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No more 'missed opportunities'

Representatives from more than 35 First Nations and five partner organizations representing tribal councils came together in Thunder Bay this week for the Neeganii-Iishawin Gathering. The four-day, inaugural event was facilitated by Windigo Community Development Corporation in partnership with Matawa First Nations, Keewaytinook Okimakanak, Shibogama First Nations Council and Independent First Nations Alliance. The gathering aims at economic development, reconciliation and the promotion of built-in prosperity in Ontario's north. John Beardy, director of business development for Windigo Community Development Corporation, said the event has been in the making for more than two years. "We realized that we need to capture the economic activities in our territories and some groups are more advanced than others, which are just starting and are looking for partners or investment or building capacity to do employment and training," Beardy said. "Because we are neighbouring communities that are close together, we looked at how we can start helping each other to partner for information and resource sharing." Beardy said many of their communities weren't ready in business, employment or training for the $2-billion Wataynikaneyap Power transmission project that has been underway over the last four years. "For a project like that, communities need to be prepared several years in advance," he said, adding there are other projects that are coming down the line in mining infrastructure, forestry and energy projects that are huge. "From our experience, our communities need to get ready, not only in starting businesses or finding partners, but there's also training for employment, and just making sure that whatever business or partnership they have, they have the capacity to deliver on a timely basis and on budget." The gathering at the Victoria Inn focused on the need for a development corporation to work together. Presenters from across Canada shared their best practices for developing partnerships, businesses and corporations. Beardy said they need to learn how to apply those practices and principles from other Indigenous groups across Canada in their own territory. JP Gladu, the principal of Mokwateh and former president and chief executive officer of the Canadian Council for Aboriginal Business, brought his national experience to the gathering and called the initiative a "team effort." He acknowledged the panelists who came to Thunder Bay from British Columbia, Alberta, Manitoba and other provinces for bringing experiences from their own communities. "There have been missed opportunities because the (northern) communities weren't organized enough to take advantage of them and we don't want to see those opportunities pass the communities again," Gladu said. MP Greg Rickford, minister of Indigenous affairs and northern development, attended the gathering Tuesday and spoke with chiefs from the participating First Nations. "When we think about economic reconciliation that is happening in the country, we think about our communities generating their own wealth," he said. He added managing poverty is not an easy thing to do and the community leaders are still managing much of that. "The way out is through wealth generation, employment of your people, training of your youth, the supply chain and it's also about ownership of projects," he pointed out.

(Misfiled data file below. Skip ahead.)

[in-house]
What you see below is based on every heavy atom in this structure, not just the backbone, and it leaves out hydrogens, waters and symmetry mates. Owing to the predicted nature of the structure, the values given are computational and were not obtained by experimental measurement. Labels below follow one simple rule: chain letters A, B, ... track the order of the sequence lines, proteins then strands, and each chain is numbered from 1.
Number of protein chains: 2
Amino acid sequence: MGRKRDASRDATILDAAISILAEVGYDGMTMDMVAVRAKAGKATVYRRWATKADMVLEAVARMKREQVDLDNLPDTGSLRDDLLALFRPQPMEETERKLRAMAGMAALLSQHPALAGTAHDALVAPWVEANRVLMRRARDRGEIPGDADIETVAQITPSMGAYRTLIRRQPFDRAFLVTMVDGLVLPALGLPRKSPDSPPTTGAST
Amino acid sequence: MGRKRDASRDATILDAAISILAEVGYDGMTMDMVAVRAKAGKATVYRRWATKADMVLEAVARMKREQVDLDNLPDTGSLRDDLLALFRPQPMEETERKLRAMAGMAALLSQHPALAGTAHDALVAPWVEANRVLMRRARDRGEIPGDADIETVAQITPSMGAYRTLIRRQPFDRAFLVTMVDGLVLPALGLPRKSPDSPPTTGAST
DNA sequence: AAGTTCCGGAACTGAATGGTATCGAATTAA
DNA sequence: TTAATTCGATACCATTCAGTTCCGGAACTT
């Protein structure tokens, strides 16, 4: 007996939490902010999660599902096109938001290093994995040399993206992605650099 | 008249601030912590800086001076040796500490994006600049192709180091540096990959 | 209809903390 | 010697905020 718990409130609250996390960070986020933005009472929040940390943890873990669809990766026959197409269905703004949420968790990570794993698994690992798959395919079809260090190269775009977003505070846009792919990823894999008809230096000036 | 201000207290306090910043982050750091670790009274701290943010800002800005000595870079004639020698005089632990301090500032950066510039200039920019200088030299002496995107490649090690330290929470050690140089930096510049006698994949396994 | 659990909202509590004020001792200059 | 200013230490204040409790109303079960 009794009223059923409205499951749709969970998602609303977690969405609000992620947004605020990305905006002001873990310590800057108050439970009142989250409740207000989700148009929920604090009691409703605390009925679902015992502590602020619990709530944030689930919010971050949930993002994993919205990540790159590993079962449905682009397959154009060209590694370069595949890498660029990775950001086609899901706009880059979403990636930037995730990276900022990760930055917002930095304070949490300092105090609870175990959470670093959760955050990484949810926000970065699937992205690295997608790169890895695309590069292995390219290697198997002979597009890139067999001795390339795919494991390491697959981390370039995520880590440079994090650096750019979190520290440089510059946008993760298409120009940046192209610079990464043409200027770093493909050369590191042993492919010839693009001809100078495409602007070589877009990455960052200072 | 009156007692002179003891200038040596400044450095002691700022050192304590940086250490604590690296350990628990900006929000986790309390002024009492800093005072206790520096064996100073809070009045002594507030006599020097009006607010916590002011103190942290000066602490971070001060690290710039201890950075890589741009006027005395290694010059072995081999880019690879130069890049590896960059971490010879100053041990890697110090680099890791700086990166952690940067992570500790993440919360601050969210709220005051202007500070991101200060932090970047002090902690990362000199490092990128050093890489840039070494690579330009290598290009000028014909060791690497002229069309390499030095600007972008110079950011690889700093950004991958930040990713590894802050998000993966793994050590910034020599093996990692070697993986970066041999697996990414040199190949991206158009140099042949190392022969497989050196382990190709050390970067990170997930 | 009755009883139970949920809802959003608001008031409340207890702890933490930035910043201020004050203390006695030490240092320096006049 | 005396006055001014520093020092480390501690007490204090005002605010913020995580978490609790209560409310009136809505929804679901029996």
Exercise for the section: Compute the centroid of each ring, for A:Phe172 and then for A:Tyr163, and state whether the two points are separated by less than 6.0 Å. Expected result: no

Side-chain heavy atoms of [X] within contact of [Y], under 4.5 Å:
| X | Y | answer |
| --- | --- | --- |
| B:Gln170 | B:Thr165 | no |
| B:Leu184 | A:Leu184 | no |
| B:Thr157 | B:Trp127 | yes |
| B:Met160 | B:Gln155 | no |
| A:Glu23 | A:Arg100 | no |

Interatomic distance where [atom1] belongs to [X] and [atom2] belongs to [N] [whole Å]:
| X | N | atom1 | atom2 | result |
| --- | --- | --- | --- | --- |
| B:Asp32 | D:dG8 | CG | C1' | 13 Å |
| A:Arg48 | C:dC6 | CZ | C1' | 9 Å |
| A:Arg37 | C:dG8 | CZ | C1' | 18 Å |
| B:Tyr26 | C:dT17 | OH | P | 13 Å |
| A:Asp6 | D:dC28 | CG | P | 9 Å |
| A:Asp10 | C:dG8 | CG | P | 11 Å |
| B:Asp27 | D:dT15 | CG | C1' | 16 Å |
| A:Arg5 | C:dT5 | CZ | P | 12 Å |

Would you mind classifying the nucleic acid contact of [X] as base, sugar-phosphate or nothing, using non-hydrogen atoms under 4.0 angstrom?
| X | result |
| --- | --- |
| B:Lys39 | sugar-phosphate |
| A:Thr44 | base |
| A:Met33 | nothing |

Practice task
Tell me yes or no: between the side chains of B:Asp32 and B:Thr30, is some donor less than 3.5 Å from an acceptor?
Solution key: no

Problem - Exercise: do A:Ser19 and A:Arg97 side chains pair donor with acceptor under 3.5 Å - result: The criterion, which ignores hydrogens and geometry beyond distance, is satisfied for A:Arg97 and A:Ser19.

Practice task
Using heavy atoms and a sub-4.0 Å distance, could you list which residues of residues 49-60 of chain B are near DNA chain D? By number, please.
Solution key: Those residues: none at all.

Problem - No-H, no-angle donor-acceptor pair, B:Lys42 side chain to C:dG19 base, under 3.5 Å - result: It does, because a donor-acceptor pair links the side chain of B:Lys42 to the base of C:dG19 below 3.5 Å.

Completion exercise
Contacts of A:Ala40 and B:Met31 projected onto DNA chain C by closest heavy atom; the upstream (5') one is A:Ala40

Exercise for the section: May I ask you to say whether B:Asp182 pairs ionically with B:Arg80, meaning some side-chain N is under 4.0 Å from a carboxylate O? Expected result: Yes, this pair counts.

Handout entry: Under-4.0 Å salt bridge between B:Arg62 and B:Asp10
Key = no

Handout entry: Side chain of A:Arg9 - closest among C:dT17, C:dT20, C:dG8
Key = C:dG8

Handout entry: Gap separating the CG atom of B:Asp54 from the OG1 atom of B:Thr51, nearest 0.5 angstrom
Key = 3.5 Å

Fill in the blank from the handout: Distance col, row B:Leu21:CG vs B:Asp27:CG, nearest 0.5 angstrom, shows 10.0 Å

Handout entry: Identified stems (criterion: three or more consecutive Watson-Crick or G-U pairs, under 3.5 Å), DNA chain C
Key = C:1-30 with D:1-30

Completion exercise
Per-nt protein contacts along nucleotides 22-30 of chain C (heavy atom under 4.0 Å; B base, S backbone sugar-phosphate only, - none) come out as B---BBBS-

Sandi Krasowski, Local Journalism Initiative Reporter, The Chronicle-Journal